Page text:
Court of Appeals of Texas, Twelfth District, Tyler
FROM THE 420TH JUDICIAL DISTRICT COURT NACOGDOCHES COUNTY,
TEXAS (Tr.Ct.No. C1732785)
consisted of Worthen, C.J., Hoyle, J., and Neeley, J.
Texas Department of Public Safety appeals the trial
court's order granting an expunction of C.Z.D.'s
arrest for possession of a controlled substance. DPS presents
four issues on appeal. We reverse and render.
was arrested on September 22, 2015, and subsequently charged
by indictment with possession of a controlled substance,
tetrahydrocannabinol, in the amount of four grams or more but
less than 400 grams, a second degree felony. The State
dismissed the possession of a controlled substance charge and
charged him with possession of marijuana in an amount of two
ounces or less, a Class B misdemeanor. C.Z.D. pleaded
"guilty" and was sentenced to six months deferred
adjudication community supervision.
2017, C.Z.D. filed a petition to expunge the records relating
to the felony offense of possession of a controlled
substance. He alleged that he received and completed
pre-trial diversion for the offense. DPS filed an answer and
general denial asserting C.Z.D. did not qualify for
expunction of his records because the controlled substance
charge resulted in court-ordered community supervision for
the marijuana charge. The trial court granted C.Z.D.'s
petition without a hearing. This restricted appeal followed.
first issue, DPS contends C.Z.D. was not entitled to have his
records expunged because he served community supervision as a
result of the arrest.
can prevail in a restricted appeal only if (1) it filed
notice of the restricted appeal within six months after the
judgment was signed, (2) it was a party to the underlying
lawsuit, (3) it did not participate in the hearing that
resulted in the judgment complained of and did not timely
file any postjudgment motions or requests for findings of
fact and conclusions of law, and (4) error is apparent on the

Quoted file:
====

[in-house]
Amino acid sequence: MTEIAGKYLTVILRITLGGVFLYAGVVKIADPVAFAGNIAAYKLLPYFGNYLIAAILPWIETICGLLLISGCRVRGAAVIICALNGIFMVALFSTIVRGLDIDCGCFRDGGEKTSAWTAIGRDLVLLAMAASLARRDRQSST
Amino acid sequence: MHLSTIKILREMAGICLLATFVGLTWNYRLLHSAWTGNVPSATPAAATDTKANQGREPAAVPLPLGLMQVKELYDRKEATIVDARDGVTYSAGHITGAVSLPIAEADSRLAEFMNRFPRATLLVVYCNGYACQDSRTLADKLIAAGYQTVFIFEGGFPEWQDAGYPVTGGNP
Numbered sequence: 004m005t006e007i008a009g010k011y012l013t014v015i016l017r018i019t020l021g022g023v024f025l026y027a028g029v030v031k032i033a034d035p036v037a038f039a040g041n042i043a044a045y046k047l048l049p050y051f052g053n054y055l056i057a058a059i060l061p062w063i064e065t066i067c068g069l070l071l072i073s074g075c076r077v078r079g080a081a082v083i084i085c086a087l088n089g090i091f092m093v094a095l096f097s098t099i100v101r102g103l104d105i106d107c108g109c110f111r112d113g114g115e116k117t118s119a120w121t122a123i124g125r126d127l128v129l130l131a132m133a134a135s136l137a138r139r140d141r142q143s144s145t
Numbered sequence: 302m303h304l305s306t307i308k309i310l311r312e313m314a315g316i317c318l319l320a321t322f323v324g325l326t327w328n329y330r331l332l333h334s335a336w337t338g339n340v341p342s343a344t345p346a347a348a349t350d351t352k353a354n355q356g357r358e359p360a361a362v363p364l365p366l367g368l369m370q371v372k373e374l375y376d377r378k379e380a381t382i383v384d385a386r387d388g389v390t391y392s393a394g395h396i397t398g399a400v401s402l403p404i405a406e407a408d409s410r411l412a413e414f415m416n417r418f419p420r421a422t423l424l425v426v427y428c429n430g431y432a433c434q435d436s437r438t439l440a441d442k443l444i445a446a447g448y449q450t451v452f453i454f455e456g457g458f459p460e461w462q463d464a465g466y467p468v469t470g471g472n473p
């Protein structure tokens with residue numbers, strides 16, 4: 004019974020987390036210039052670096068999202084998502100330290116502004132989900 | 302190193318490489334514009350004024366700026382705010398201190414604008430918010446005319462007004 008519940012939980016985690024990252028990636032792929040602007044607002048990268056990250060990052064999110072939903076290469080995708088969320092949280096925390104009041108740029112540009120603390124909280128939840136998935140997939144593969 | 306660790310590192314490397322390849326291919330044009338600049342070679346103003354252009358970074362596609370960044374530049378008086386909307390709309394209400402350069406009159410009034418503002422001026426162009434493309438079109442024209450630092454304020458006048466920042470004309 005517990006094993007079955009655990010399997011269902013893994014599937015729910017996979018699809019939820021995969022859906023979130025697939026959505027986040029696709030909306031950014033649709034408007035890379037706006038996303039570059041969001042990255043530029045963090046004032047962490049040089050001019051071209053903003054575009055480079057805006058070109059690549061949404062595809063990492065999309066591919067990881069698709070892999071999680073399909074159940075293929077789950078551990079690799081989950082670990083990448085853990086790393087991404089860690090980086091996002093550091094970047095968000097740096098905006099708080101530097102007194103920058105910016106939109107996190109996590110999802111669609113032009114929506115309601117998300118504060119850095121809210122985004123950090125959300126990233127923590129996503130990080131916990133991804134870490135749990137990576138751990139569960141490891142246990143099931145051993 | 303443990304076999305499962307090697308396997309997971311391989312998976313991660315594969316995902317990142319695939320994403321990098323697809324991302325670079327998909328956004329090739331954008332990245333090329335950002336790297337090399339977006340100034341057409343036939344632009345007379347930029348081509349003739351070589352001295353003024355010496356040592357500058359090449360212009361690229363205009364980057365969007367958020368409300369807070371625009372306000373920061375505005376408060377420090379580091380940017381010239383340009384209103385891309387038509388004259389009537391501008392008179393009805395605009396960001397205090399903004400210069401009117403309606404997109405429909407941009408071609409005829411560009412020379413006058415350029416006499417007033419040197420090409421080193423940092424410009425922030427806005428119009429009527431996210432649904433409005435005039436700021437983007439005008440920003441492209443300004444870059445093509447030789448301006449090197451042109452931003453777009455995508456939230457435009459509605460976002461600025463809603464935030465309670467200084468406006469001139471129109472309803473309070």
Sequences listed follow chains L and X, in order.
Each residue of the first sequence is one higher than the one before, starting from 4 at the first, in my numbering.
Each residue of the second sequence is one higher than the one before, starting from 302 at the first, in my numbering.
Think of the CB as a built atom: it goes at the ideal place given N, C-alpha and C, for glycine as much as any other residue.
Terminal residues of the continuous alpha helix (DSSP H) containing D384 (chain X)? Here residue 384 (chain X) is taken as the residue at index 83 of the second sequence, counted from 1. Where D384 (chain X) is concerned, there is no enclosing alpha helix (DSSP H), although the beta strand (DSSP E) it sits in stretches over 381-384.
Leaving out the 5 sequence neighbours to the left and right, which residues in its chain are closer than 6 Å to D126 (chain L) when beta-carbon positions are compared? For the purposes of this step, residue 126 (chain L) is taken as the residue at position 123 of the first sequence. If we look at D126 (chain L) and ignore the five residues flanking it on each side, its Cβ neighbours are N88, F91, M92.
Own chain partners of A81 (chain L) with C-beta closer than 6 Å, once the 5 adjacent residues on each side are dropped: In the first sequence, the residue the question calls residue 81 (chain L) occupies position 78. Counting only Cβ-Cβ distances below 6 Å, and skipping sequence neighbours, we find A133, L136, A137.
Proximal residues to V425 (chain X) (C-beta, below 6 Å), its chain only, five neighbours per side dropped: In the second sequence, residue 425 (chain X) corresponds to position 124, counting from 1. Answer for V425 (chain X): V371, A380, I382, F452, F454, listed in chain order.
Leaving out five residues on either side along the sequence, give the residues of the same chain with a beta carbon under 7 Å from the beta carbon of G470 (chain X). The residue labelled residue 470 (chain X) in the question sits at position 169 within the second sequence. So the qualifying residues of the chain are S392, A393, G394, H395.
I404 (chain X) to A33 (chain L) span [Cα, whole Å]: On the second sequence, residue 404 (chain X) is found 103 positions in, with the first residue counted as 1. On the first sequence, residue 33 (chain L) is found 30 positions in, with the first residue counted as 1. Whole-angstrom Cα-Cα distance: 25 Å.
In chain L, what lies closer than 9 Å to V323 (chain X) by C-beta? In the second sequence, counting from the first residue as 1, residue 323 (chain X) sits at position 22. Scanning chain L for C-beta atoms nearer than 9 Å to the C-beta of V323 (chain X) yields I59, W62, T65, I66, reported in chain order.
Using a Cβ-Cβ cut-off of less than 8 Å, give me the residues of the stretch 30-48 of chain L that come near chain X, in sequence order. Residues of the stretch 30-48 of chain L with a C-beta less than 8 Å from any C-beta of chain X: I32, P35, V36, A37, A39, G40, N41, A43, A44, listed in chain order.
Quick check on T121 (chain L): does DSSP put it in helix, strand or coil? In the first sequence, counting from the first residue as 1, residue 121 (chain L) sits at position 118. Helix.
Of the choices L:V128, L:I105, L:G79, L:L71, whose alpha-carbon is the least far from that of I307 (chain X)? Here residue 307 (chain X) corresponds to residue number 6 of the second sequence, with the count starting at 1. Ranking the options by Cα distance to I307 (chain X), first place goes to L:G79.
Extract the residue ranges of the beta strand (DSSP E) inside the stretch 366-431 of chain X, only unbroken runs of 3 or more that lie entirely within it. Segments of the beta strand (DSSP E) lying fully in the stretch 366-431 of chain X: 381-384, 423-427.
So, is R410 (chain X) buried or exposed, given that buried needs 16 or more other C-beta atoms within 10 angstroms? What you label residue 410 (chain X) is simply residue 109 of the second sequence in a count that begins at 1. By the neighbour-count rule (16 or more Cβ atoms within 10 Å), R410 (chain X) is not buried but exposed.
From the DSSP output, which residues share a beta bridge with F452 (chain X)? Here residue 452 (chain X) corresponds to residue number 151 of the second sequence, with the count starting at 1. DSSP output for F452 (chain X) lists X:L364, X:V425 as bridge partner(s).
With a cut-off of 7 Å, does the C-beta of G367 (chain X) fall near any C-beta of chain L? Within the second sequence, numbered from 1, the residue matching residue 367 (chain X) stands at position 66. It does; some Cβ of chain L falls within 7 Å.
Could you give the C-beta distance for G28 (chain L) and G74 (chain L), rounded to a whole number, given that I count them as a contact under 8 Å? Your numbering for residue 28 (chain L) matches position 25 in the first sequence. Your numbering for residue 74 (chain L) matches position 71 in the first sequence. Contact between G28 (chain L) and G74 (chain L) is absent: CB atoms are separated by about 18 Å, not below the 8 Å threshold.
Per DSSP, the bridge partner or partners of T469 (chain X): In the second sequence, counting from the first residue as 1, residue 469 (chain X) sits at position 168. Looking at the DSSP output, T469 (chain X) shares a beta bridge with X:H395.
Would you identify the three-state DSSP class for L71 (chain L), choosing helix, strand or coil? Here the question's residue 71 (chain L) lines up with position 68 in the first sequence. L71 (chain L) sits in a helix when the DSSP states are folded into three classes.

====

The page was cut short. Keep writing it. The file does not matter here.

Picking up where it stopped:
face of the record. See Tex. R. App. P. 26.1(c), 30;
Ins. Co. of State of Penn. v. Lejeune, 297 S.W.3d
254, 255 (Tex. 2009). For purposes of a restricted appeal,
the face of the record consists of all papers on file in the
appeal, including the reporter's record. Norman
Commc'ns v. Tex. Eastman Co., 955 S.W.2d 269, 270
(Tex. 1997); Flores v. Brimex Ltd. P'ship, 5
S.W.3d 816, 819 (Tex. App.-San Antonio 1999, no pet.).
review a trial court's order granting or denying a
petition for expunction under an abuse of discretion
standard. See Heine v. Tex. Dep't of Pub.
Safety, 92 S.W.3d 642, 646 (Tex. App.-Austin 2002, pet.
denied). A trial court abuses its discretion if it acts
"without reference to any guiding rules or
principles." E.I. du Pont de Nemours & Co. v.
Robinson, 923 S.W.2d 549, 558 (Tex. 1995). If an
expunction ruling turns on a question of law, we review it de
novo because a "trial court has no 'discretion'
in determining what the law is or applying the law to the
facts." Walker v. Packer, 827 S.W.2d 833, 840
(Tex. 1992). A trial court abuses its discretion if it
misinterprets or misapplies the law. Id.
the law that governs expunctions is part of the code of
criminal procedure, an expunction proceeding is civil in
nature and is governed by the rules of civil procedure.
See Carson v. State, 65 S.W.3d 774, 784 (Tex.
App.-Fort Worth 2001, no pet.). Expunction is not a
constitutional or common law right, but purely a statutory
privilege. Tex. Dep't of Pub. Safety v. Nail,
305 S.W.3d 673, 675 (Tex. App.-Austin 2010, no pet.). The
trial court must strictly comply with statutory requirements,
and has no equitable power to ...